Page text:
I love going to a Disney Park with friends. Sharing the Disney magic, making new shared memories, and other such saccharine clichés. It’s Disney though, so I’m more than happy to embrace those clichés.
Recently though, I had a big vacation in Walt Disney World all on my own to celebrate my 30th birthday. Coming from the UK, it’s a bit more expensive than a long weekend at Disneyland Paris, so it ended up being a bit too hard to convince pals to come with me. While I did try and embrace the concept of going on my own, I still had concerns before heading out to Florida.
Fear not though, as I’m here to tell you that I had the time of my life, and you can too. Here’s why.
1) You can make a personalized plan
It’s your trip, so you can make a list of the attractions you want to go on, choose which hotel to stay in, and plan out your days without having to compromise with other people’s interests or budgets. My personal favourite part was creating a comprehensive schedule of where I was eating each day.
Making the trip personal and to your specs also leads in to the obvious benefit of going solo, which is…
2) Do whatever you want
The best part about going on your own is that if you want to change your plan, the only person you have to convince is yourself.
You can make a detour on a whim because you spotted Balloo and Louie and you absolutely need a photo with them. You can take a quick rest in the World Showcase because your feet are killing you. Even popping to the loo without having to consult your party is oddly freeing.
Do be honest with yourself as well, though. I realized I’d not be able to fit in a Boma breakfast on my last day, so I cancelled it despite how much I wanted to go.
3) Other guests are very friendly
However well you plan and however smart you are with your FastPasses, you’ll spend a decent amount of your time at Walt Disney World waiting in line or on the bus. Here’s where you’d usually have a little chat with your party, so if you’re getting a bit lonely and have run out of distractions, you might be able to say hi to the folks you’re in line with.
Now, disclaimer here: usual social interaction rules apply. Don’t try and jokingly butt into an argument. It’s a bit rude. In my case, I’d usually spot a cool shirt and compliment it, offer a bit of relevant Disney trivia (thanks, Connecting with Walt!), or just try and help them out with their own plans. I met many folks on my trip who were more than happy to have a little nerd-out over their plans; after all, most people are excited to be there and it’s pretty infectious. Probably helped that I’m very handsome and have a British accent as well, though.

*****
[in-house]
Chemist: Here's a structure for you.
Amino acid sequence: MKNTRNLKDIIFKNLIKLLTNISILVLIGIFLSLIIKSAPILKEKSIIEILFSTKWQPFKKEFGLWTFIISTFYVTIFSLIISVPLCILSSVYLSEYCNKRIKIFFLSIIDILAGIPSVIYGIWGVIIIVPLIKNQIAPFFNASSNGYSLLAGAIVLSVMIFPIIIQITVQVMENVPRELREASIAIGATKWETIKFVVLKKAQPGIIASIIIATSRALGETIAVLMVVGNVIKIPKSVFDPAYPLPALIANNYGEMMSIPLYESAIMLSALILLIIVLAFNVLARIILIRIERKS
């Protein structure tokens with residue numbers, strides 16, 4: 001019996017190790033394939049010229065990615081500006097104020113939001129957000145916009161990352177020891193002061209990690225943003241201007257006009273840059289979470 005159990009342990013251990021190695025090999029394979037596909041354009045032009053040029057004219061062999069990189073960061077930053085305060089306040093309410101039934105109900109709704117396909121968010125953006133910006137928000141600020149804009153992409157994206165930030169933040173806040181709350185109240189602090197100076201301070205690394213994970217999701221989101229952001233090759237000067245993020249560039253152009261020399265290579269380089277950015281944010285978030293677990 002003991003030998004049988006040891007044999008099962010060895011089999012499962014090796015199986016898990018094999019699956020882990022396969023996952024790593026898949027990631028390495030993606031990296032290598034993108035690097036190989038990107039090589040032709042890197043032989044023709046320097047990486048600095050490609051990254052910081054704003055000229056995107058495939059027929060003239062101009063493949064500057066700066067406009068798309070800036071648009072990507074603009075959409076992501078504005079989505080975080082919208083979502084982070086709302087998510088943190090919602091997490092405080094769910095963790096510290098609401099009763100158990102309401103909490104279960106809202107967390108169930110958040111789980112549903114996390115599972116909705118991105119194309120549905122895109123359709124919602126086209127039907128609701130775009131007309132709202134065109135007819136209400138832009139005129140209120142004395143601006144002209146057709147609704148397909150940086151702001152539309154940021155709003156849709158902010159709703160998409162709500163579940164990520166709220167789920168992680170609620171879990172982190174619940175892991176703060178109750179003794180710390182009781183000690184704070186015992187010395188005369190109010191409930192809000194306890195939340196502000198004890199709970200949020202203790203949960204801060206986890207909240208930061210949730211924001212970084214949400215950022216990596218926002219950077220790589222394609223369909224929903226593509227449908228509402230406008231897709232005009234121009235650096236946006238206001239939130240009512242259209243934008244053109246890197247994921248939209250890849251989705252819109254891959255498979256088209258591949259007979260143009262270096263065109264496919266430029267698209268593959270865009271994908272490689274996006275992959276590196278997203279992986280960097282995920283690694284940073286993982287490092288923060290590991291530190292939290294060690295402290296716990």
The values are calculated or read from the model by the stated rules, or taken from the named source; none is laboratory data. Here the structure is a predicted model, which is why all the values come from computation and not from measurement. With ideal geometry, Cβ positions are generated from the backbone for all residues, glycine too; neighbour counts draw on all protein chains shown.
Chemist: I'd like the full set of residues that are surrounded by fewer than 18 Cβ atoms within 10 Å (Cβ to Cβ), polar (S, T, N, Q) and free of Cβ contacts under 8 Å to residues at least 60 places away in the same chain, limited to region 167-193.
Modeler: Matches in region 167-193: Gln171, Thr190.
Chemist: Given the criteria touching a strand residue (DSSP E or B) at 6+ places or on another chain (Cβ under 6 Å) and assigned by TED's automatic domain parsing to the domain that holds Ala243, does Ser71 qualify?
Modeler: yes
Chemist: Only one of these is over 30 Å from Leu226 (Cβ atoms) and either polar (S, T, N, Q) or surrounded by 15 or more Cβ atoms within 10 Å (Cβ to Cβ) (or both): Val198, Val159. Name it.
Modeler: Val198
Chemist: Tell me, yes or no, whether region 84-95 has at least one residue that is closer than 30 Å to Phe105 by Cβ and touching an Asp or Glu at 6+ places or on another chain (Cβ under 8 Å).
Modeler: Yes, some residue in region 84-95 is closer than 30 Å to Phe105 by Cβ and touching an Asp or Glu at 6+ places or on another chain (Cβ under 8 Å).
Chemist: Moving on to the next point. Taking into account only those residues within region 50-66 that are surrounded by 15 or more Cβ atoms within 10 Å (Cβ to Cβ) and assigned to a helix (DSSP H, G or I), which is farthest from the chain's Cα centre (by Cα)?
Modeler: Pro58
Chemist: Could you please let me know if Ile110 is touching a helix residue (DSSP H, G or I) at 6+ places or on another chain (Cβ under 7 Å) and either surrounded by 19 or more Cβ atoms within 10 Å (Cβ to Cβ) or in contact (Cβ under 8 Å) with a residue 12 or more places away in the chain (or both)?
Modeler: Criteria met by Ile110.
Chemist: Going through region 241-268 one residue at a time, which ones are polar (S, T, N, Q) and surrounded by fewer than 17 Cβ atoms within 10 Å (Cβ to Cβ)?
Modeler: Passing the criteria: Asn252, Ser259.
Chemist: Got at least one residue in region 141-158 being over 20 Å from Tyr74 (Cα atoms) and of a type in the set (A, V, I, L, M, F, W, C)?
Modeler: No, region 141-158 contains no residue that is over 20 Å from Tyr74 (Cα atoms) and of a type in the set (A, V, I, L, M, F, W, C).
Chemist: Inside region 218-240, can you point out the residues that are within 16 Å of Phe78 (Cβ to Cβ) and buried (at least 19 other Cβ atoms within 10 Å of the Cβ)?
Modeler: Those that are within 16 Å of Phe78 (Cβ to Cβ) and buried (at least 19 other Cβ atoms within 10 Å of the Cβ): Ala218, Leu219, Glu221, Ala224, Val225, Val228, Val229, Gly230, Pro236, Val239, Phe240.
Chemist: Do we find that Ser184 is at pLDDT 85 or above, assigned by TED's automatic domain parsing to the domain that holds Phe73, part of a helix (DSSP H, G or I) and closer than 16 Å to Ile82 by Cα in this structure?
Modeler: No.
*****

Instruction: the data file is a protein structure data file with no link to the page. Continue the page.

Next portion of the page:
Want to be more approachable but aren’t British? Disneybound! Cast Members and guests alike loved my Aladdin and Spaceship Earth outfits and they acted as a great icebreaker. Speaking of which…
4) You don’t have to Disneybound in a group
Your mileage may vary on this, but as a seasoned cosplayer I know all too well about being in groups you’re not too bothered about, and being forced to do a character you could take or leave. If you’re on your own, you don’t have to do your Goofy bound when everyone else is doing the Fab Five (or Sensational Six, apologies to Daisy).
You can also dress appropriately for the parks as well. You definitely want a cooler outfit for Animal Kingdom.
5) Smartphones are amazing
We live in a globally connected world you can access using a computer in your pocket. I never felt alone thanks to immediate access to my network of friends, some of whom were still excited to receive food pictures ten days in. I was even able to organize briefly meeting up with a pal, thanks to my phone.
Take photos, browse your PhotoPass, try your hand at vlogging, phone home, etc. There’s so many things you can do on a Disney trip thanks to phones now. Just make sure to pack a hefty portable battery.
I won’t pretend there’s no downsides to going on your own — ‘Ohana and Garden Grill are a bit much to tackle solo, and travelling alone isn’t for everyone, but hopefully I’ve helped allay some of your fears. Or at the very least given you something to show your mum — she does worry, you know.